On the River
Winter let her skate on the river,
the ice thick and hard, shiny as a ballroom floor.
A maze of lines she cut with her deer bone blades.
Looking down, as she spun and turned,
she knew in the black shadows in the still, icy water
dwelt the monster her mother told her was not there.
If she went to the city, she would win a contest,
her mother told her, she skated so well.
She smiled, ran from the kitchen,
always laughed at the dreams of her mother.
Summer let her sail her boat on the river.
On the far shore, she could moor,
to speak with the woodcutter’s son.
Like all others, her sisters and brothers,
her eyes and her hair were dark,
so she wondered as she watched him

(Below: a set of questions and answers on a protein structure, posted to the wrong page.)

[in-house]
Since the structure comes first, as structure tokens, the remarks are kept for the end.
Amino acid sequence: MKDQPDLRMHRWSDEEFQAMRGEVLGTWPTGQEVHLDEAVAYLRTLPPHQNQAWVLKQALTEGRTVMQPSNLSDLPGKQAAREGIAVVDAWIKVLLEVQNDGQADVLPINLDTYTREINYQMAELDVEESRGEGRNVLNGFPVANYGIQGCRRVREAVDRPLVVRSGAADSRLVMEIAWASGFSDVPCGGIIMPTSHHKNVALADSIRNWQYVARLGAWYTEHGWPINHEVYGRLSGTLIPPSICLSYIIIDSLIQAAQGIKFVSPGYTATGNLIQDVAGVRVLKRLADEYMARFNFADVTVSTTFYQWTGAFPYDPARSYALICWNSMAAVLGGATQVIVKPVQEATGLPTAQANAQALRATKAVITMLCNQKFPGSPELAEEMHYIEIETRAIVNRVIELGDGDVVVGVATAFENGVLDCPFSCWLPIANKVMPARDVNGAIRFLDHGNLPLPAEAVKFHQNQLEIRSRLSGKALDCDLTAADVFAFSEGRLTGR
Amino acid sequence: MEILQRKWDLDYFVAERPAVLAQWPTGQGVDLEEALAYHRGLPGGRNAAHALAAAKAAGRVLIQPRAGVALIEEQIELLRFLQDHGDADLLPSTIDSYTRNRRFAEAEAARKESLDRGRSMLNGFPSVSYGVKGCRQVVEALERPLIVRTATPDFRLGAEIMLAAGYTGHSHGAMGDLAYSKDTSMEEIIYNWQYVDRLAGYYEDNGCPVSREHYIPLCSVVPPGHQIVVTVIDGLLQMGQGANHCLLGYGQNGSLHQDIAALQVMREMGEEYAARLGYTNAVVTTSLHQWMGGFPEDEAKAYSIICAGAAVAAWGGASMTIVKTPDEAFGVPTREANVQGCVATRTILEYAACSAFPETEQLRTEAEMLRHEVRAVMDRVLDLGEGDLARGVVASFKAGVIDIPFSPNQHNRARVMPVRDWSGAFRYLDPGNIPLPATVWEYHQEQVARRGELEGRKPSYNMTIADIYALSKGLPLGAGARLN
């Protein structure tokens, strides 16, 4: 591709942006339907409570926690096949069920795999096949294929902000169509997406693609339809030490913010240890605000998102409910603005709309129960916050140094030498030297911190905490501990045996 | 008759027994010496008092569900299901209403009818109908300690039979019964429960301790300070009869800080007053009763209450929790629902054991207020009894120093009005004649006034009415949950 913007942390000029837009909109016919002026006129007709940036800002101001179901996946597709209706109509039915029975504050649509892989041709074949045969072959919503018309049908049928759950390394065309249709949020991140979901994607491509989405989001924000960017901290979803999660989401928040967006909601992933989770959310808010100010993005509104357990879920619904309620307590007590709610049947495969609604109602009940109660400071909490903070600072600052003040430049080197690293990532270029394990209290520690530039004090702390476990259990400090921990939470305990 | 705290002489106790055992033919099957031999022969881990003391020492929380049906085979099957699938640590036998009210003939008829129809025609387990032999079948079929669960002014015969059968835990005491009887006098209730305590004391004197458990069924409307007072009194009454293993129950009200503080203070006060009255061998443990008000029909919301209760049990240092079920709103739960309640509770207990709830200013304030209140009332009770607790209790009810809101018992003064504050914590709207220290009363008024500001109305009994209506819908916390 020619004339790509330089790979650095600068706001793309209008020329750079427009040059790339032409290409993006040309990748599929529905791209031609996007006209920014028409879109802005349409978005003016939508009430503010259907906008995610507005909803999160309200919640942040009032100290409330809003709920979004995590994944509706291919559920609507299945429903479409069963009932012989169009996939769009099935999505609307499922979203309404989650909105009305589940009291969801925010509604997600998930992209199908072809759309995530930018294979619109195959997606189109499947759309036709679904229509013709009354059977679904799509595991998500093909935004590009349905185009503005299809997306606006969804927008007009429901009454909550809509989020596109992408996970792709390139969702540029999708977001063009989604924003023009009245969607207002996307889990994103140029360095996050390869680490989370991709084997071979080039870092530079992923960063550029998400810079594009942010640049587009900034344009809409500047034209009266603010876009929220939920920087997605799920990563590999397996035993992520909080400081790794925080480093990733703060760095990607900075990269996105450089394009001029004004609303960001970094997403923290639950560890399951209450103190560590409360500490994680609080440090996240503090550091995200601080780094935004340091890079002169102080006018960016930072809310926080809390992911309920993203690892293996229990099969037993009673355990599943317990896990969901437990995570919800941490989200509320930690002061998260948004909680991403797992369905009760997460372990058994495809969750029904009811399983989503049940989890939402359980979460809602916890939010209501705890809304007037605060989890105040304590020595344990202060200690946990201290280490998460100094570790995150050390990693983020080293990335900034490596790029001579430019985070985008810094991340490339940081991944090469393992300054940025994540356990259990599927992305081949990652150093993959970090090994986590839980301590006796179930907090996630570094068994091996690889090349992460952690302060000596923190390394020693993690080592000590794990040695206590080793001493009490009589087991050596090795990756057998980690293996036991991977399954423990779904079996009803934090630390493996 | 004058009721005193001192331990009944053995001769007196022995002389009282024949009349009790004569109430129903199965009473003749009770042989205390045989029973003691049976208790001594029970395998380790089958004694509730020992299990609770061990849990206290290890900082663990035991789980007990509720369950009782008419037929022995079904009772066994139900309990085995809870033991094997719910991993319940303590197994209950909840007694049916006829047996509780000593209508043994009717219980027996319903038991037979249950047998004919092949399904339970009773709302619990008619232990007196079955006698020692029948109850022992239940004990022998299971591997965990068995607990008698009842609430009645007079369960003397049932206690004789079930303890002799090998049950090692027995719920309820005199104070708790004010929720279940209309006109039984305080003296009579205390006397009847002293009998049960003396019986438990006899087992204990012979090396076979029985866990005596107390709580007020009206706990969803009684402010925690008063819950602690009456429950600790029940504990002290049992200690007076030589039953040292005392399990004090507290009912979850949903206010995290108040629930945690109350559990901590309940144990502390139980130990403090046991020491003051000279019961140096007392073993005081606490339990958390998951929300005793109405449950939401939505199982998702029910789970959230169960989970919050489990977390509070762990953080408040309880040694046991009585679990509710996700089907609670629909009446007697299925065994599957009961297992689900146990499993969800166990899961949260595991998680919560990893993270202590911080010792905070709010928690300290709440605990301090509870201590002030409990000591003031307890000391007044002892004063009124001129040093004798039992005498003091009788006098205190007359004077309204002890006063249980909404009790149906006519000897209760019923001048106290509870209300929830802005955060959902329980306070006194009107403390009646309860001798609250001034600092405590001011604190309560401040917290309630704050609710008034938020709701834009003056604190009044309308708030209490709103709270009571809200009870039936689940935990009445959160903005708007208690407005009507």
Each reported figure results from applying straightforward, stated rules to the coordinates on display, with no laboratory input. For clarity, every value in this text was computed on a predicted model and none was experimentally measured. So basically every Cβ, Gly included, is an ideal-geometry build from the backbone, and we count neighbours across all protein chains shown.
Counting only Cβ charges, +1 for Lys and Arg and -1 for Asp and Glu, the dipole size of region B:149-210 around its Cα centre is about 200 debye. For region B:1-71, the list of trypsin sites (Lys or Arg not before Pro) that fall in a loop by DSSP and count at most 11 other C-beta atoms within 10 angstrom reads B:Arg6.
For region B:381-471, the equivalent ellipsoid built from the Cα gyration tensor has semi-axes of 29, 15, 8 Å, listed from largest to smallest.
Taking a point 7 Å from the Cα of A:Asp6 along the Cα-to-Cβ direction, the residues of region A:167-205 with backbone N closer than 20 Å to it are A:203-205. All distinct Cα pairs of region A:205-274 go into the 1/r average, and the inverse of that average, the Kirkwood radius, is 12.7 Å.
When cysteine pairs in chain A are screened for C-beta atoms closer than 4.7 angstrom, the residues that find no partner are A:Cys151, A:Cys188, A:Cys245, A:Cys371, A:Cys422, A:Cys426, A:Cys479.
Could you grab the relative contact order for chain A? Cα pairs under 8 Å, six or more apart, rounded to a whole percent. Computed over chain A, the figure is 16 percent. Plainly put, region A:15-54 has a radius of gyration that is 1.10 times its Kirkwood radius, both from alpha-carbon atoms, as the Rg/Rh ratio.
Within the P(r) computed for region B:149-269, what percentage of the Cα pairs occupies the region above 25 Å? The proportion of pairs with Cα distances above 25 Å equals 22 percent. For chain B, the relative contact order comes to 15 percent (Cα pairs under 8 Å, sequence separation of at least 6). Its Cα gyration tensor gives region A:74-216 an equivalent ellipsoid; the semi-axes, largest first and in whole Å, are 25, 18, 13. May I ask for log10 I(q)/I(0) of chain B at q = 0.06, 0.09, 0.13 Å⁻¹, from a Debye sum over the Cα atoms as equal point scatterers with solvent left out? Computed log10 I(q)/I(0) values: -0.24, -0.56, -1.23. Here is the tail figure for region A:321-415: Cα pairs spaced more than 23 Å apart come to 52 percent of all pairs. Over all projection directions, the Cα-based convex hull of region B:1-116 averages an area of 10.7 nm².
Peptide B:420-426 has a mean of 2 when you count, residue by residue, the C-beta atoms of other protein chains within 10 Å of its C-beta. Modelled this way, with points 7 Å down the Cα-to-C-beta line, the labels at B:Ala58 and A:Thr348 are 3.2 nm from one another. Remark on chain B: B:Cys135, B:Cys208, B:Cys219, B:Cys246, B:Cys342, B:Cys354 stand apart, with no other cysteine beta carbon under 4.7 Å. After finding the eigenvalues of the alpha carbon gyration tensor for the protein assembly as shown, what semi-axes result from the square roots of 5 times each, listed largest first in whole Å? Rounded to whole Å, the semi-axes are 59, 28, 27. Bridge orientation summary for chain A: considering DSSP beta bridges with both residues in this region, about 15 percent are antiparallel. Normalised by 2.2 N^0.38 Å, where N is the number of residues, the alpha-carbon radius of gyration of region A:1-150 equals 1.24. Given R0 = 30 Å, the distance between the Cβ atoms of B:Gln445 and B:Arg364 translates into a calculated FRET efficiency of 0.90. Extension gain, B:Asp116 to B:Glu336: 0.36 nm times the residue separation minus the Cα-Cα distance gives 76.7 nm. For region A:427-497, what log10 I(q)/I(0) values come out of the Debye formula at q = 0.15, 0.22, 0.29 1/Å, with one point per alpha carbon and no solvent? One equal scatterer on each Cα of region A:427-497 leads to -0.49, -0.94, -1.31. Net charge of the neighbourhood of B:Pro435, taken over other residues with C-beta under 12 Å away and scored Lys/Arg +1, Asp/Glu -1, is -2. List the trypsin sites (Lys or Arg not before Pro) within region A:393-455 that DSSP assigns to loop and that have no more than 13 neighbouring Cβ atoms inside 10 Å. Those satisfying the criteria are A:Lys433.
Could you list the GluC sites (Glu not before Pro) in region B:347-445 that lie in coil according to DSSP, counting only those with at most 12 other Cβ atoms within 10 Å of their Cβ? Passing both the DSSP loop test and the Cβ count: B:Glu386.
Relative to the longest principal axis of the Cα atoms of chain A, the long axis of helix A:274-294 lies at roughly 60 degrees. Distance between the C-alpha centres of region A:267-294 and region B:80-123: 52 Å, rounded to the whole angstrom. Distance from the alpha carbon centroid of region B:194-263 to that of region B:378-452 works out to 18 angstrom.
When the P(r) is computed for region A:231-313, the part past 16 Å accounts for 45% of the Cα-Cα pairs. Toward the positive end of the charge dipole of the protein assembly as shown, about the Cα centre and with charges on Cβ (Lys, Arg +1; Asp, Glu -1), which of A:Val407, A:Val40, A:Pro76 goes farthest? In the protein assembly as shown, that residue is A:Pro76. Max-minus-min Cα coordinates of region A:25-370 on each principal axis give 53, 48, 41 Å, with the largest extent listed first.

chop logs for his father
why his hair was gold,
like the ring her mother wore on her finger,
his eyes blue as the sky in high summer,
and he smiled and told her
that he was found as a child on a mountain,
wrapped in a brown blanket, by his mother and father,
who took him down to their home
and brought him up as their own.
She smiled at his tale,
and wondered where the wind would carry him,
and she knew that when she grew up,
and spring lay on the river, she would marry him.